In the present case, the legitimate aim could be- firstly, to identify the Covid-19 suspect and secondly, to do contact tracing of the suspected person, which in present time can be said to deal with epidemic. To reach this aim, the policy devised by the state is Aarogya Setu App. To successfully realize the aim, there must be a large smartphone base consisting of at least 60-70% of the population, but in reality that is not the case. But according to the India Internet 2019 report by IAMAI and Nielsen, smartphones lie significantly below this benchmark range. Thus, there is no concord between the aim which the State considers as legitimate and the policy which is implemented, thereby failing the second test.
3. Test of Proportionality – Proportionality test measure the balance between the positives and negatives. Positives mean the obligation on the state to protect the rights while negatives being the right of state to take away the rights.
In order to determine whether the provisions of any act or policy acts as reasonable restrictions in the interest and welfare of the general public, restrictions imposed and fundamental rights have to be equated together, and if the result is negative, then clearly the policy framework didn’t satisfy the proportionality test.
More surprising is clause 2(a), which provides that the information obtained from the individual will be used by the government only in ‘anonymized, aggregated dataset’ for statistical visualization to manage COVID-19. However, that personal information can be ‘shared to other necessary and relevant persons to carry out other necessary medical and administrative interventions’. After deletion of the app, an individual’s data would be automatically deleted after 30 days, but there is no knowledge as to how the account will be deleted.
The above reasoning clearly proves that these provisions do not conform to the proportionality test. In fact, they not only intrude into an individual’s privacy, but also do not guarantee our right to have access to accurate information.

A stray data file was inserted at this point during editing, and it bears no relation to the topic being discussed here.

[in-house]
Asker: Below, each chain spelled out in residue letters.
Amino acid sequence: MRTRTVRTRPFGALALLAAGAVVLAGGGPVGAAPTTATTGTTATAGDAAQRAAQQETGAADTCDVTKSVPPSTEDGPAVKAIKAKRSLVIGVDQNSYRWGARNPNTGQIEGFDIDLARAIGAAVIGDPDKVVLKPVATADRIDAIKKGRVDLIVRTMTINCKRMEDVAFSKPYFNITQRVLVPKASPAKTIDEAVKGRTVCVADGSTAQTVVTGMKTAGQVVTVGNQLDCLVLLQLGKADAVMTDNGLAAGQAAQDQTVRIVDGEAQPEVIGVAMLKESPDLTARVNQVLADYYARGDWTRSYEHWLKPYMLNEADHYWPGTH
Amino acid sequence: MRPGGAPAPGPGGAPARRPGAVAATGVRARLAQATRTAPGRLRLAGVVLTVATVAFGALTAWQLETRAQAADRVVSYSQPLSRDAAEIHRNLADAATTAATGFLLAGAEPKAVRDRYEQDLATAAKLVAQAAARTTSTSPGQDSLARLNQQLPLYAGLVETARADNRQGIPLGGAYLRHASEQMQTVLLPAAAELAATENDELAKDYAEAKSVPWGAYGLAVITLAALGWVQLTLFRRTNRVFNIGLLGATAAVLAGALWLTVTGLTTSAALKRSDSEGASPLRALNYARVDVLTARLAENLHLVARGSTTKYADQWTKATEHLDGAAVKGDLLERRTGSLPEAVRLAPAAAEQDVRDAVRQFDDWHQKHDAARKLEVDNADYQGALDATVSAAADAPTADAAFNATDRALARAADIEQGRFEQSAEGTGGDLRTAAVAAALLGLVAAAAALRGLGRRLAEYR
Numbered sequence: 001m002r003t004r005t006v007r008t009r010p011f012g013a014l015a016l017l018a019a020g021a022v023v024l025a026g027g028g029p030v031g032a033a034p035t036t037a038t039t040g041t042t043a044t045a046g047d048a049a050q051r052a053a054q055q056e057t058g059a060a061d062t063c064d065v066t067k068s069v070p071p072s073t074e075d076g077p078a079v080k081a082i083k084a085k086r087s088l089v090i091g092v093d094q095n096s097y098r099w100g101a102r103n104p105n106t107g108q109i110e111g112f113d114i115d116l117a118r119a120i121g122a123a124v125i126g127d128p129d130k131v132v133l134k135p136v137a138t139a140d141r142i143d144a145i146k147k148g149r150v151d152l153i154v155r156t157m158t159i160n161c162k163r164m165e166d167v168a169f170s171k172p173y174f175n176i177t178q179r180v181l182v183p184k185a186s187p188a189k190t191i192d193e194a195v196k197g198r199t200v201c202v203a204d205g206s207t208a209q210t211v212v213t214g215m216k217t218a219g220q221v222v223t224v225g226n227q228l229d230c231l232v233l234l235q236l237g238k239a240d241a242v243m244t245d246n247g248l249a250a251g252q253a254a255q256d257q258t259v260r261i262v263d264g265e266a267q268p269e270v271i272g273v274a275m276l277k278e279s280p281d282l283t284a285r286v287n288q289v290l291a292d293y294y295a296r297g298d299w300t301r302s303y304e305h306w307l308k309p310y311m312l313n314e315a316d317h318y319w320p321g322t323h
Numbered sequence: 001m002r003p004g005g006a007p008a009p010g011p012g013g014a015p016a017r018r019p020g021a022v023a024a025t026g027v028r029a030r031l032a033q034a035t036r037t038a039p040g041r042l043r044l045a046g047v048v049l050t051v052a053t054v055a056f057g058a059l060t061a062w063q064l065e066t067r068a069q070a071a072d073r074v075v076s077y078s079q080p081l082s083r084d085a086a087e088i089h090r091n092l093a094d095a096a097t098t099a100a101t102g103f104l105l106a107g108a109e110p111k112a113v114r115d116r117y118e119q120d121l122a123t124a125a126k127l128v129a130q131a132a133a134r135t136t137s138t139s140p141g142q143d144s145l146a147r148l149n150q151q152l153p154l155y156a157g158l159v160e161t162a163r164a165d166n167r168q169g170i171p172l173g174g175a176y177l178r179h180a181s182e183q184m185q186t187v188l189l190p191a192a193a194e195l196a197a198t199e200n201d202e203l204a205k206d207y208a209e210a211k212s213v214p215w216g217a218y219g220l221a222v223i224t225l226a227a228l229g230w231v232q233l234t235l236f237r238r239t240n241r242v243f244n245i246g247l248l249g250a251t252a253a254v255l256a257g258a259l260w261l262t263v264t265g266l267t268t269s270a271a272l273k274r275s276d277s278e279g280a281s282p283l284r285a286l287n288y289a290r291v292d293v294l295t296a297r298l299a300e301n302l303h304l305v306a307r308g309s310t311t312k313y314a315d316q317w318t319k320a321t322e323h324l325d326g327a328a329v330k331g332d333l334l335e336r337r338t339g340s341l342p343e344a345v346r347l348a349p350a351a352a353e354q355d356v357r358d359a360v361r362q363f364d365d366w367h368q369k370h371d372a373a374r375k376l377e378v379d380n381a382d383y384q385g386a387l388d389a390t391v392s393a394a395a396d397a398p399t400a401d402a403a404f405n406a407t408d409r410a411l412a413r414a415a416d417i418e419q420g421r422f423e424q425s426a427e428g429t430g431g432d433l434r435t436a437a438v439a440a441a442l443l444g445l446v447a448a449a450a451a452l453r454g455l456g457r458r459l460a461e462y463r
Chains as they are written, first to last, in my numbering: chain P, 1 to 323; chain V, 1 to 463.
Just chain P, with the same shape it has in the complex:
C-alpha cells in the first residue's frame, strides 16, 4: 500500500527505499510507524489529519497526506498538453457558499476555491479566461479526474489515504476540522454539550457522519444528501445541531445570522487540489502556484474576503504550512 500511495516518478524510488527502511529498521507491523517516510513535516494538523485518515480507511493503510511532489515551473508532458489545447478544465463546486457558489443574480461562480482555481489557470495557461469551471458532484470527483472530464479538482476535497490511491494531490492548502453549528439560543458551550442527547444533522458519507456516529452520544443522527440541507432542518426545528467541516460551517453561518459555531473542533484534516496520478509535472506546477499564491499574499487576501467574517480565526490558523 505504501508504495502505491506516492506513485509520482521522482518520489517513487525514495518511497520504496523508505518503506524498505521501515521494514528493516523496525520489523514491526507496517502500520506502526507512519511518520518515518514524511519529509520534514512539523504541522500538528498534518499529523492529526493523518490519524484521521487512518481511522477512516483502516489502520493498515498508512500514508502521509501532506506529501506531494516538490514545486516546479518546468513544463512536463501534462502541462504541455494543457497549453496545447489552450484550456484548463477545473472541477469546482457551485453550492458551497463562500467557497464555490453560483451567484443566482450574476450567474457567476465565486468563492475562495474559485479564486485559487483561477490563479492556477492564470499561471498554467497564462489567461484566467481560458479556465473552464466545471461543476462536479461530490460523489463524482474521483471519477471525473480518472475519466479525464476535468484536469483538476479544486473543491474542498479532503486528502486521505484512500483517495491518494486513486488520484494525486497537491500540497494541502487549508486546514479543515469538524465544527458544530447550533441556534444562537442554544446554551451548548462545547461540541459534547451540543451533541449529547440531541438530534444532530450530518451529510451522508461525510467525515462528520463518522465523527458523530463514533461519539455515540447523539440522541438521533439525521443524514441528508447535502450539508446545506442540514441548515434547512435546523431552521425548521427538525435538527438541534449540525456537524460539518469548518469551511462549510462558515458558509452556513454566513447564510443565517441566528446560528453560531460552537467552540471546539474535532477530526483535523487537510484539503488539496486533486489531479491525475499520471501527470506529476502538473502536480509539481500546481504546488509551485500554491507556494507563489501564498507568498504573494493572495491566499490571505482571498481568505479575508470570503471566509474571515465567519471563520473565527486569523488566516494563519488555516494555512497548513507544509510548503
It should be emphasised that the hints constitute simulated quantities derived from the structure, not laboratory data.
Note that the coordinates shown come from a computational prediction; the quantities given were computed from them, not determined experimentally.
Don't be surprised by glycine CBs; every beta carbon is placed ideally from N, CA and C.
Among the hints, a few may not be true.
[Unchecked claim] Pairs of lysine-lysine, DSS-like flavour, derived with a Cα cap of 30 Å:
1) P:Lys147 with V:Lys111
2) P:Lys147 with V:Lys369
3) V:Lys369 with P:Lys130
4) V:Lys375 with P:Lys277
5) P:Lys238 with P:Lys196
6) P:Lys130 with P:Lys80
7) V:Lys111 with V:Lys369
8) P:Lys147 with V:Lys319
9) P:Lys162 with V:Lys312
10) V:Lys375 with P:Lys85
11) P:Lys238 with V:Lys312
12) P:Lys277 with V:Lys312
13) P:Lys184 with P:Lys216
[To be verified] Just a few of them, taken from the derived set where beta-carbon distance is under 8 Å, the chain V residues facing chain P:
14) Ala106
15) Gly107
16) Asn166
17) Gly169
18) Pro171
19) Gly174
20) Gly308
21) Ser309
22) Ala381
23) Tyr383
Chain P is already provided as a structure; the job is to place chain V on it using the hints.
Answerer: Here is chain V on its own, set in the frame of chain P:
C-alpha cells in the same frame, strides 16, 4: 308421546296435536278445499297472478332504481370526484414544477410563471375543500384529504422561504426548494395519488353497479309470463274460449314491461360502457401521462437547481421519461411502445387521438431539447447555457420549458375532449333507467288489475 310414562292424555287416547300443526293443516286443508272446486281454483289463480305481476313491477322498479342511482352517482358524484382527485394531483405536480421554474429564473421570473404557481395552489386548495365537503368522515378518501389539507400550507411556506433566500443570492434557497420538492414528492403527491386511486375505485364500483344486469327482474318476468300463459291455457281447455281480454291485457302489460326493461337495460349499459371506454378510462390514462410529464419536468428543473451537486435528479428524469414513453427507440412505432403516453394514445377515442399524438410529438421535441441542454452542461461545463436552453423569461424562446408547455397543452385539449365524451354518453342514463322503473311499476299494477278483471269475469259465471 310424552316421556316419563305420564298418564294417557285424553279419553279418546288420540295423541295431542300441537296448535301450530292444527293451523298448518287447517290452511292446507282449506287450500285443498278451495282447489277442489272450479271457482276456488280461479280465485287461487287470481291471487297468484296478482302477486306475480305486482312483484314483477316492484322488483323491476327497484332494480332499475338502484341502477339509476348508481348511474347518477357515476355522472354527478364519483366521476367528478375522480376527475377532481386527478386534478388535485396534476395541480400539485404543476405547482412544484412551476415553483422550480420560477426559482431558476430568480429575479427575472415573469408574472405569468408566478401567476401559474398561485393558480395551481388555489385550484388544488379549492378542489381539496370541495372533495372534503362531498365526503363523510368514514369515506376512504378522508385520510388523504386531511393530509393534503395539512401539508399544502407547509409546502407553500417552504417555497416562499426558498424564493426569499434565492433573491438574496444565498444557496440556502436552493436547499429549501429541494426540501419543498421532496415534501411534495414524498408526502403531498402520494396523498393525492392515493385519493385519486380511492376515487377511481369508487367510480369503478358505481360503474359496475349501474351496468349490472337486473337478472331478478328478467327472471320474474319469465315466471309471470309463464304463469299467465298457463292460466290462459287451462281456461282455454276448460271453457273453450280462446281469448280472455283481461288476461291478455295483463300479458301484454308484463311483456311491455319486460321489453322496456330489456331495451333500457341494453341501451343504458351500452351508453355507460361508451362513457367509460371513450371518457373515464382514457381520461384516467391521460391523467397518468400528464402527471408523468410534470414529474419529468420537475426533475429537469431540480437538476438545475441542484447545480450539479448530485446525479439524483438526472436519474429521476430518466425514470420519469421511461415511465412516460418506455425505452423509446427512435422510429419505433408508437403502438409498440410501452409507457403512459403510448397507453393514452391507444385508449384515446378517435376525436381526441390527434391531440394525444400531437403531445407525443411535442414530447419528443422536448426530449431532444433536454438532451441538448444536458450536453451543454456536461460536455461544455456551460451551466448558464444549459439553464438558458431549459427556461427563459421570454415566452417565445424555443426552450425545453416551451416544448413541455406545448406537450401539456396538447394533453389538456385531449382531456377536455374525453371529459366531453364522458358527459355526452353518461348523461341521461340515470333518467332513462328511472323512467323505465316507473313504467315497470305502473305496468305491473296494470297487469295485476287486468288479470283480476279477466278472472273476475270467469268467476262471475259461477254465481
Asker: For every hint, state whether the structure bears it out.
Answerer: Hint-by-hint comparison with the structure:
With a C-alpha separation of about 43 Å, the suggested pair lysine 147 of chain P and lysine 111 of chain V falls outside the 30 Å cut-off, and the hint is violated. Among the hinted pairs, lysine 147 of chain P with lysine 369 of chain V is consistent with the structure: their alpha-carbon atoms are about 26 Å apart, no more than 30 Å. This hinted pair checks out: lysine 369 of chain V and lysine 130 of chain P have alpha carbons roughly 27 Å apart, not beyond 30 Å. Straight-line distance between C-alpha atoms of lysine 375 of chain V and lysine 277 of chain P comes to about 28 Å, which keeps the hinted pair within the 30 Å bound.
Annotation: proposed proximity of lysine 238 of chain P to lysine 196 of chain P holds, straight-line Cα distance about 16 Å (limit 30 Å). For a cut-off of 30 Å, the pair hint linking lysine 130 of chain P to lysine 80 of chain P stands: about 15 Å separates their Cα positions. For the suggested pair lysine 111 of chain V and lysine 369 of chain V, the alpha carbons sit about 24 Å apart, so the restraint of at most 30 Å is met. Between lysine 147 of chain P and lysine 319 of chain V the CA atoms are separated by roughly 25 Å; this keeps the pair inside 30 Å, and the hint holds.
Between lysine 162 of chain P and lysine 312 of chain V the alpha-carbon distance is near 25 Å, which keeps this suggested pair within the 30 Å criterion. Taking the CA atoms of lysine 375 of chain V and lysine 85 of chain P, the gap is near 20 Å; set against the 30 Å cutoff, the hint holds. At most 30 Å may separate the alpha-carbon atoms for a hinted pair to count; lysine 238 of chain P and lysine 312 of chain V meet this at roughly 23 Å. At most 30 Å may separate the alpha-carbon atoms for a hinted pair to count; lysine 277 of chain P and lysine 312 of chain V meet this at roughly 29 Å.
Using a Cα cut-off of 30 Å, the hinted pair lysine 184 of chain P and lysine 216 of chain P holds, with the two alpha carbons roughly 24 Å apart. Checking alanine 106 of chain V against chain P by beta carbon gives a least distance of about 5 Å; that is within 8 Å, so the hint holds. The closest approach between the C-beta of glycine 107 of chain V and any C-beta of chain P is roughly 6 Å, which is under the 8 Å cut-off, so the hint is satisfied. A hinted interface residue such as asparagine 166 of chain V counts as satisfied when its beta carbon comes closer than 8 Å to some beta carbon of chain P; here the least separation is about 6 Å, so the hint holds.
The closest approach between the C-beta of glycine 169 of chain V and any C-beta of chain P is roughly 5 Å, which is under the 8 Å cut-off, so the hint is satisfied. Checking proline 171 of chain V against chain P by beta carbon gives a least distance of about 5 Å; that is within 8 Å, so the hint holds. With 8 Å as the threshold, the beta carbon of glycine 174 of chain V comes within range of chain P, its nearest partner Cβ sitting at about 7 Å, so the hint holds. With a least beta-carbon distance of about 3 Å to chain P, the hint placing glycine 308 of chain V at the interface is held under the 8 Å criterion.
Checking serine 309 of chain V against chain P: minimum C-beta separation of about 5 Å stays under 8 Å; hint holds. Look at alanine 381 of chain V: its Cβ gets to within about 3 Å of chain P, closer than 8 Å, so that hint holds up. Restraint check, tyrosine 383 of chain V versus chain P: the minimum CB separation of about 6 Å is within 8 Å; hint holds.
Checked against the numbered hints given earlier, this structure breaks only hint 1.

Crucially, this app clearly comes without appropriate procedural safeguards concerning monitoring and oversight of the data collected to keep a track over infected individuals.
Moreover, the current provisions also fail to maintain a balance between the two facets of dignity- privacy and autonomy on one hand, and the ability to live a dignified life, on the other. Thus, the whole policy framework of this app is nothing but a mere illusion, which completely fails the proportionality test, lest we decide to count heavily on the government’s promises and satisfy ourselves with the “minimal” inroads into privacy rights like we did with the Aadhaar judgment.
As it’s very much clear from the above discussion that “Aarogya Setu” app doesn’t conform to the threefold criteria that needs to be fulfilled to justify the invasion of right to privacy, we are not afraid to remark that this app violates the privacy of individuals.
Justice Chandrachud in his dissenting judgment in the Aadhar case said, “Constitutional guarantees cannot be subject to the vicissitudes of technology.” Despite this, we cannot turn a blind eye to the use of technology. We need to keep in mind that rights and technology should go hand in hand. It should always be remembered that it is rights which help us to live with dignity and fulfill our potential.
“Whether it is technology or individual actions, all are subjected to constitutional safeguards and thus, must conform to them”.
The views and opinions expressed in this article are those of the author and do not necessarily reflect the official policy or position of Kanooniyat
 Adam Carlyle Breckenridge: The Right to Privacy, 1971
 1954 AIR 300
 1963 AIR 1295
 WRIT PETITION (CIVIL) NO 494 OF 2012
 1978 AIR 597
 Modern Dental College V. State of Madhya Pradesh, Civil Appeal No. 4060 of 2009
 WRIT PETITION (CIVIL) NO 494 OF 2012